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architecture of hearing

derek wendt

university of detroit mercy
school of architecture
professor karen swanson
benchmark one
october eighth, two thousand ten
See + Listen : a psychological experience of sound
Born profoundly deaf
Received cochlear implant at age of 8
Attended oral deaf educational program to learn to listen and speak
Mainstreamed from 4th to 12th, with a speech consultant

THESIS APPROACH
With cognitive ability and knowledge in both worlds of architecture
and auditory, I am inspired to improve the urban condition for those
with hearing loss.
Noise is always there

Time is central to sound... Sound is time

Deaf experiences
- See, touch, feel, and smell are navigational guides

How does a space communicate without sound?

[ Spaces Speak, Are You Listening? ]
“ [ Deaf people ] are first, last and of all time, people of the eye.”

- George Veditz
Can you detect the sound out of these words?
a baby crying on the airplane
I went down, down, down
And the flames went higher..
a bird chirp in the woods
a wave crashes on shore
water drips in a ruin
The memory serves you to detect the sound

Sound is a cultural force

What about those who can’t hear?

How would they know it sounds like?
Deaf vs. Hearing-Impaired

- communication
- lip-reading, gestural and microexpression psychology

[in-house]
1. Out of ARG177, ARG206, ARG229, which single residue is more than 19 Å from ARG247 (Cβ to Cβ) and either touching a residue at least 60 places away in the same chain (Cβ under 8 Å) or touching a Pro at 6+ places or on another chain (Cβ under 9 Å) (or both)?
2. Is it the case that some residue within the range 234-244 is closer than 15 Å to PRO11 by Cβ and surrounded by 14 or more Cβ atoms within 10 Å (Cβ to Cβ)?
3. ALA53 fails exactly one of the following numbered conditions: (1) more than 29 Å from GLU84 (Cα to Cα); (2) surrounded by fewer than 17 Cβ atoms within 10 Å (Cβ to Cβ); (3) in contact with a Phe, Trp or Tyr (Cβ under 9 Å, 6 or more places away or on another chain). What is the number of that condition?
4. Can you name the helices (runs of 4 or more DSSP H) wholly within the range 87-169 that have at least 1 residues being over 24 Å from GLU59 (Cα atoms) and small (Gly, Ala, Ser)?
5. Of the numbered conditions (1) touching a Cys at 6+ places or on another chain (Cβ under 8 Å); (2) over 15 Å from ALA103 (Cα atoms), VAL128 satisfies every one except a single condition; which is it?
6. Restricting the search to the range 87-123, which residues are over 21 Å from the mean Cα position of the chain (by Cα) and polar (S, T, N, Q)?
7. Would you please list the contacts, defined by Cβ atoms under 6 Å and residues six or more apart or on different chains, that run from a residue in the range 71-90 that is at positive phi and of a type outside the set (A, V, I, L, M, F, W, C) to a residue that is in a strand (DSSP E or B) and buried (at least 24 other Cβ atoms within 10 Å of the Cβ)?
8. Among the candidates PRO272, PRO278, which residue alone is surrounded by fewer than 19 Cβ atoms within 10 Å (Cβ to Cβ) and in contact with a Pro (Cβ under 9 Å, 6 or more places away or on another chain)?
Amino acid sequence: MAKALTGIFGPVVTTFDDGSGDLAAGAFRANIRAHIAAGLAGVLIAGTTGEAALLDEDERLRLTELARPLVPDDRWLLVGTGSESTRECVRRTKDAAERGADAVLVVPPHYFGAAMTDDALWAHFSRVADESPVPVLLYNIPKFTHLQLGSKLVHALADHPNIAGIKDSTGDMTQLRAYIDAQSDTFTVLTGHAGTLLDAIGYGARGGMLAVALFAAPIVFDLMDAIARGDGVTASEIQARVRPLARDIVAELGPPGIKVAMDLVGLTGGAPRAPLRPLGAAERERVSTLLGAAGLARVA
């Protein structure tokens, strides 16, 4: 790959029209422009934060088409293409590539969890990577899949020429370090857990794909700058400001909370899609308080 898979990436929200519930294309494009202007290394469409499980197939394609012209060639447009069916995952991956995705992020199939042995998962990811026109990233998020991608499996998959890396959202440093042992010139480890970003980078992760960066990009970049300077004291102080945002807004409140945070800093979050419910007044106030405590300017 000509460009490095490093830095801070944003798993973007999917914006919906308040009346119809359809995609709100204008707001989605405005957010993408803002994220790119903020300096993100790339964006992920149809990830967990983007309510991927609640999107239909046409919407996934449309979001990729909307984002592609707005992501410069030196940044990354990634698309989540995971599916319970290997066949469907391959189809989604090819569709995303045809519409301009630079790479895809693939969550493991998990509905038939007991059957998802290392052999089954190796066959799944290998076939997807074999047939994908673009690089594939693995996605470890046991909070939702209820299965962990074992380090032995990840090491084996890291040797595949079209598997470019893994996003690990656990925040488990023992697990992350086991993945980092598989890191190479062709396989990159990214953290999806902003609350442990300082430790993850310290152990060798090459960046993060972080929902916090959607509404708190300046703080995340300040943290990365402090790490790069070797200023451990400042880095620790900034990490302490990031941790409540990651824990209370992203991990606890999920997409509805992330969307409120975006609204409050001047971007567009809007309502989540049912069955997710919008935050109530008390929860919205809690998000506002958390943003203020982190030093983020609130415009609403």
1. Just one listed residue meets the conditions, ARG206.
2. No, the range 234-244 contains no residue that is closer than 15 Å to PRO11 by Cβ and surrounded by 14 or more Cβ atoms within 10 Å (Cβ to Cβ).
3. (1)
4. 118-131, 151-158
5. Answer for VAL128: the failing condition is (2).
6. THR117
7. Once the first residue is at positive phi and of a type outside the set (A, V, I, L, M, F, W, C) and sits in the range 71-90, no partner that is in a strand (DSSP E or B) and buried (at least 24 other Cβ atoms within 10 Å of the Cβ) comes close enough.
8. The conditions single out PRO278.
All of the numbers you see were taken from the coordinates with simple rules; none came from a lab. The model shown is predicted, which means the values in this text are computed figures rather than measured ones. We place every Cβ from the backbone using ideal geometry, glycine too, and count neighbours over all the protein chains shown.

- technological advance : hearing impairments
physical environment of sound - remote control
- speech

Awareness
Yo,
you’re from With the eyes
Europe?? (e.g. fire alarms and emergency vehicles)
With a touch
(e.g. vibrating alarm clock and loudspeaker)
Technology
(e.g. closed-captioning and texting)

Difficulties

- stereotypes
- communication
- employment

[ YouTube : What a Wonderful World in ASL translation + Bill Clinton’s “I did not...” ]
If a child was born deaf or lost hearing as toddler
- 2 options for parents : Deaf Culture v. Hearing-Impaired

Special Education
- Schools for the Deaf
- Oral Deaf Programs
- Mainstream
- Deaf Universities
- Disability aid offices

Students who lost hearing as adolescent can remain in their schools, but
may seek consultation.
How many deaf individuals are there in the United States?

[ Statistics were not accurately analyzed and studied in Census ]

Sources estimated 1,520,000 are deaf (0.49% of US Population)
estimated 26,700,000 are hearing-impaired (8.60%)

16% are only 3-34 years of age
59% are 55 years and older

Where are the younger generation?

[ Gallaudet Research Institute ]
Schools for the Deaf + Schools with deaf aids

Oral Deaf Programs
Universities [ Deaf + with Disability Aid Support ]

There are two major universities that fully accomodates deaf and hard-
of-hearing students.

- Gallaudet University - Washington, District of Columbia
- National Technical Institute for the Deaf - Rochester, New York
[ Gallaudet Research Institute ]
Gallaudet University

America’s only liberal arts college for the deaf
Founded in 1858 - Accredited in 1954
Adjoined K-12 education programs and services

Admissions select to withstand “deaf culture”
Undergraduates : 1,060 Graduates : 430

[ Gallaudet University , Bing Map + Google Map ]
National Technical Institute for the Deaf (NTID)

Adjoined with Rochester Institute of Technology (RIT)
Established in 1965
First and largest technical college for the deaf

Only 9.5% of RIT’s enrollment
Students : 1,520 Cross-registered : 540

[ National Technical Institute for the Deaf , Bing Map + Google Map ]
Rochester v. Washington
Where do they go after education?

Home or stay within (Deaf )
Move out on own (Hearing-Impaired)

Why do those stay within?

Deaf-Friendly City
Hospitality
Communication
Cooperative society, business and enterprise